Why Majorie Taylor Greene dressed like this at the State of the Union

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Cruella De Vil, Kid Rock, Dr. Zhivago – the internet was ablaze to discuss who Marjorie Taylor Greene most resembled in the white knee-length coat and fur collar she wore to the State of the Union. It turns out the question shouldn’t have been WHO But What.

Greene apparently wanted to match the Chinese spy balloon that flew over the country last week. So she chose a white coat because, I think, the balloon was white too.

Nick Dyer, the congressman’s director of communications, told the Guardian in an email that the $495 Overland coat — made with alpaca wool and fur trim — was intended to address the president’s lack of commentary on the balloon during his State of the Union speech. “Biden refused to say anything about it, just as he refused to stop the intelligence-gathering operation that was crossing the United States and monitoring some of our key military facilities in the country,” Dyer said.

Greene bought the piece in Wyoming, Dyer said, while campaigning against Liz Cheney and raising money for Harriet Hageman, who is now a U.S. Representative for the state.

Political Twitter had its own feelings about what the jacket represented. “I don’t know why, but Marjorie Taylor Greene in that white coat yelling at Biden gave me a powerful ‘Russian Karen vibe,'” tweeted Politico EU journalist Nika Melkozerova.

“Marjorie Taylor Greene’s coat is made from the dogs George Santos said he was rescuing.” joked former Defense Department assistant Adam Blickstein.

Greene wasn’t the only divisive figure to make some choices when it came to styling. Known for her striking dress sense, Arizona Senator Kyrsten Sinema wore a canary yellow dress with voluminous sleeves that evoked comparisons to Big Bird and out-there red carpet outfits.

Not so long ago, if anyone could convey a political message through their clothes on nights like this, it would be the first lady. In simpler times, these outfits were meant to symbolize unity, strength, or a vague sense of patriotism. There are employees who spend weeks arguing over designer outfits. But — quick — remember what Jill Biden wore last night?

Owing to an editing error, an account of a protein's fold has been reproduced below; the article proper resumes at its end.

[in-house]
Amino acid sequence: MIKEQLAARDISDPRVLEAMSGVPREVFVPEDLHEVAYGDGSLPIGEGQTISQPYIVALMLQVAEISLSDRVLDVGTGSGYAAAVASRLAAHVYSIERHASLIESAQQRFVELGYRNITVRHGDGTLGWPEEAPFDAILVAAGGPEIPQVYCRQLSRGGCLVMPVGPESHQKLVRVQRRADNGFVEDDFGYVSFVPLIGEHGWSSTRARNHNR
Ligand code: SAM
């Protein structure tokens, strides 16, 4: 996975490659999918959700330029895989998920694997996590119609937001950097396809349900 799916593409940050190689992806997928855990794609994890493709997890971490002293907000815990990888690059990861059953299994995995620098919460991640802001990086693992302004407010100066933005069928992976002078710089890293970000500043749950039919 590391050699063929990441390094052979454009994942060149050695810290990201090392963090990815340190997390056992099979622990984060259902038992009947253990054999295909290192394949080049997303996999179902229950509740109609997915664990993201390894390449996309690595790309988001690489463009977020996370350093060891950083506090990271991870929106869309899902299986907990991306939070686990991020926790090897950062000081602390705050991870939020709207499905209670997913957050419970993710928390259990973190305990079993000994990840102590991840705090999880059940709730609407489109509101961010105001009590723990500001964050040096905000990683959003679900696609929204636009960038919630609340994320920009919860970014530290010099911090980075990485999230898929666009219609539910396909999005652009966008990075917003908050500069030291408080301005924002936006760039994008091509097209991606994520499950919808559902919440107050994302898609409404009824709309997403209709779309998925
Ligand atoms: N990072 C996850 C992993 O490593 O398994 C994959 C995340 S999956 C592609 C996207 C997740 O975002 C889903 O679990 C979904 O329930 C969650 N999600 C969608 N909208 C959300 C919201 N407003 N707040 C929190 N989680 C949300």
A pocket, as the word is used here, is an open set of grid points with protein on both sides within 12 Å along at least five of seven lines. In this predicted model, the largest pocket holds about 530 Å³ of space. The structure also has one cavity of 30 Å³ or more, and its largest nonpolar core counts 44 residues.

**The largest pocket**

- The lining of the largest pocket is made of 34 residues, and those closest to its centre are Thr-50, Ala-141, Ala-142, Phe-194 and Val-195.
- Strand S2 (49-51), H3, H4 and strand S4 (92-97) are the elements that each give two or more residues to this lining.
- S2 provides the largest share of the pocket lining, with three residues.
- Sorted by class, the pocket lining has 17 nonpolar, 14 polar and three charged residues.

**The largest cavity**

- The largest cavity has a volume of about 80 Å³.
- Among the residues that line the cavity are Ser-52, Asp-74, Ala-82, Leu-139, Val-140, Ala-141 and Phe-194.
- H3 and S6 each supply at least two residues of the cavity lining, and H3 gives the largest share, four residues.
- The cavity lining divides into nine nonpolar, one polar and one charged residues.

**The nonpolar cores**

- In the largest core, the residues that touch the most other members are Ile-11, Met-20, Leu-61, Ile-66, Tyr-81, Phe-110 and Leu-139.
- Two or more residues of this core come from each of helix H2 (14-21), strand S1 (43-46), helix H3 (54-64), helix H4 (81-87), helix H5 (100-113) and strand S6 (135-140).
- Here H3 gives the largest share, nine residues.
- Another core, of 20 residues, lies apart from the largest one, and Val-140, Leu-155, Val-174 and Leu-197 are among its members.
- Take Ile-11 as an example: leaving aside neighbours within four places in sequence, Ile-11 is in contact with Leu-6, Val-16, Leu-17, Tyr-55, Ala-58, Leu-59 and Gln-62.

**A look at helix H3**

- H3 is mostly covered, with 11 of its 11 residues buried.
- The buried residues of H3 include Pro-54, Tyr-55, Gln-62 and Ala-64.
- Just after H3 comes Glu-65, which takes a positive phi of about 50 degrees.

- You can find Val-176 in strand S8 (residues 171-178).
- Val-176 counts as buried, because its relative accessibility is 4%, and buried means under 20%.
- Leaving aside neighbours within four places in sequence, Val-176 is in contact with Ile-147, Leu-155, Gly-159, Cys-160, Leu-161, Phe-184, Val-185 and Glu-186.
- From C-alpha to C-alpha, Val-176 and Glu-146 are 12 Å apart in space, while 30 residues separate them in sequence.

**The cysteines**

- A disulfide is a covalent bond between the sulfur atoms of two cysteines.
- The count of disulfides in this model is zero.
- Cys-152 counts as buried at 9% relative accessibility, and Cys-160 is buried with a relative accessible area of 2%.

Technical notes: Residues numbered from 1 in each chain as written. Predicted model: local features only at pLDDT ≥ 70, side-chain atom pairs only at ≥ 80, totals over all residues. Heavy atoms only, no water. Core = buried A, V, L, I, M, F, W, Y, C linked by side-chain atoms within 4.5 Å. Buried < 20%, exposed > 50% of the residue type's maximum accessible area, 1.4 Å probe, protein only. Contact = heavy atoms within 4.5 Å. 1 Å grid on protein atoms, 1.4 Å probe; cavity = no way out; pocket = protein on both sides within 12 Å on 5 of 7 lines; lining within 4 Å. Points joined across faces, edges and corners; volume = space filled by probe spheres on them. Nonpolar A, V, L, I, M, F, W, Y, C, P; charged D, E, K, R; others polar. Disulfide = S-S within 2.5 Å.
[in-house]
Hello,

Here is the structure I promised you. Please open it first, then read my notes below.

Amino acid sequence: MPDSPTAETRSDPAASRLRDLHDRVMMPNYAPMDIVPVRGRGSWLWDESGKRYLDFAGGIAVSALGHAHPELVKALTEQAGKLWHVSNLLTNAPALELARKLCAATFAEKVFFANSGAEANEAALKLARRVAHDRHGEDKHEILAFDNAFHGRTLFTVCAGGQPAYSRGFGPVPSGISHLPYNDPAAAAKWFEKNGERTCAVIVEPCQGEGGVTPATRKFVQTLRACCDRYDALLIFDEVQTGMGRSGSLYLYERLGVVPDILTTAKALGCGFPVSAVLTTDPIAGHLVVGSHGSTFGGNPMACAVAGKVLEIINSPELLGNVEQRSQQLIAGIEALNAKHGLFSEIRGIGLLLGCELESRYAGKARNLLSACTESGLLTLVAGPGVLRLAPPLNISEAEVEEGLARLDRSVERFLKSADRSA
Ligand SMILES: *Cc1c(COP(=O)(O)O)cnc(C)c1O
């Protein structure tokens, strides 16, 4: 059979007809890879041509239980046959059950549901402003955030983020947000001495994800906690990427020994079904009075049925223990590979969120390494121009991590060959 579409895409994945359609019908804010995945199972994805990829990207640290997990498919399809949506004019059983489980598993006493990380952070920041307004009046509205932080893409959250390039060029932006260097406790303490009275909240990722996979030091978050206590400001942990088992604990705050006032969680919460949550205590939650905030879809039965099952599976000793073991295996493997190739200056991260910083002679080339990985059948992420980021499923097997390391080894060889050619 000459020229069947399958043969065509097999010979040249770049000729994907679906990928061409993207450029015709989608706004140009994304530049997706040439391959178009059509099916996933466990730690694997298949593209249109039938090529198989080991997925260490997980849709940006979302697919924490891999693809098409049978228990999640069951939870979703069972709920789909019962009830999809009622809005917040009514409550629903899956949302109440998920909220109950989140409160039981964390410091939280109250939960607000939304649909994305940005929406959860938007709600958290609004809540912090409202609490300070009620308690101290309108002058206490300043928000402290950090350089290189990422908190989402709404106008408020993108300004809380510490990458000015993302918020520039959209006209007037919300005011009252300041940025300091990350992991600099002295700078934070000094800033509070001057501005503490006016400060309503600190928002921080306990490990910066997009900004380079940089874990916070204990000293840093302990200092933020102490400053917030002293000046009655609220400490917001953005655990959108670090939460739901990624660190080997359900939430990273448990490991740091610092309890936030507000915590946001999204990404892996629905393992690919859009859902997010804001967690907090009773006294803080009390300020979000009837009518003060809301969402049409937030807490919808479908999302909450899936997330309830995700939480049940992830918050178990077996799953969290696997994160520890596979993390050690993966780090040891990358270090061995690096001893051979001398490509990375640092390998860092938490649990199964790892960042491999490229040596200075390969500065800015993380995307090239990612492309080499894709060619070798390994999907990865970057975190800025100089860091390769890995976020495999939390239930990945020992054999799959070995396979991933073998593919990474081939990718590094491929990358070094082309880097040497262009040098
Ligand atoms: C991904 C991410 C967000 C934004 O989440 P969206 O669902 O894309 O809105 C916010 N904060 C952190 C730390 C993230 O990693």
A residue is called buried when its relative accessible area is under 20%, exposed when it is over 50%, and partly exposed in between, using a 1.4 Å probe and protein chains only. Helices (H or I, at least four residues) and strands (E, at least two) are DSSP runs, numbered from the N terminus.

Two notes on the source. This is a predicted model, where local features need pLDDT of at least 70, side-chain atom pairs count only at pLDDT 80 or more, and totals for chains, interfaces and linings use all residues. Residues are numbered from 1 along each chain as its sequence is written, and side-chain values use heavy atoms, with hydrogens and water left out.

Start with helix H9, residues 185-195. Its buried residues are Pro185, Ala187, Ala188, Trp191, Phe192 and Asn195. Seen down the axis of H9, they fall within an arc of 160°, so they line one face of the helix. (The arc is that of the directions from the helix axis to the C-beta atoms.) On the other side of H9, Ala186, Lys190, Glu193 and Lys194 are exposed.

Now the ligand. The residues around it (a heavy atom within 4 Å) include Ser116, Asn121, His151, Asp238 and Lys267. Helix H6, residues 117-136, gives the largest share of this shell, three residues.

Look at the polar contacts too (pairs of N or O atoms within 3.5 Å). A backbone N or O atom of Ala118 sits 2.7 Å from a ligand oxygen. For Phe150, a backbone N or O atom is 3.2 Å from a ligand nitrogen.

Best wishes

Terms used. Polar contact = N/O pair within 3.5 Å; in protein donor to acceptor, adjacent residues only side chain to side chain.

I needed Google to remind me: a magenta dress. Purple, as color theory tells us, is a mix of the colors red and blue, and it’s become something of a shorthand for outfits that encourage duality. That’s why so many people, from Kamala Harris and Michelle Obama to Elizabeth Warren and Hillary Clinton, wore it at Biden’s 2021 inauguration.

But no one is tweeting about Jill Biden’s dress today. (Her kiss on the lips with Second Gentleman Doug Emhoff? That’s another matter, and why #Swingers was popular on the app this morning.) But Greene’s late-night stealing outfit succeeded as yet another ploy to get attention, similar to the white balloon she carried around Capitol Hill before the speech began.

The next morning, Greene’s outfit was dissected on The View, with co-host Farah Green pulling out a photo of Greene next to one of her puppies. If reports are true that the congresswoman is vying for a spot as Trump’s running mate for 2024, she’s definitely leaning into his playbook — get on television by any means necessary, even if it means dressing up like a balloon.

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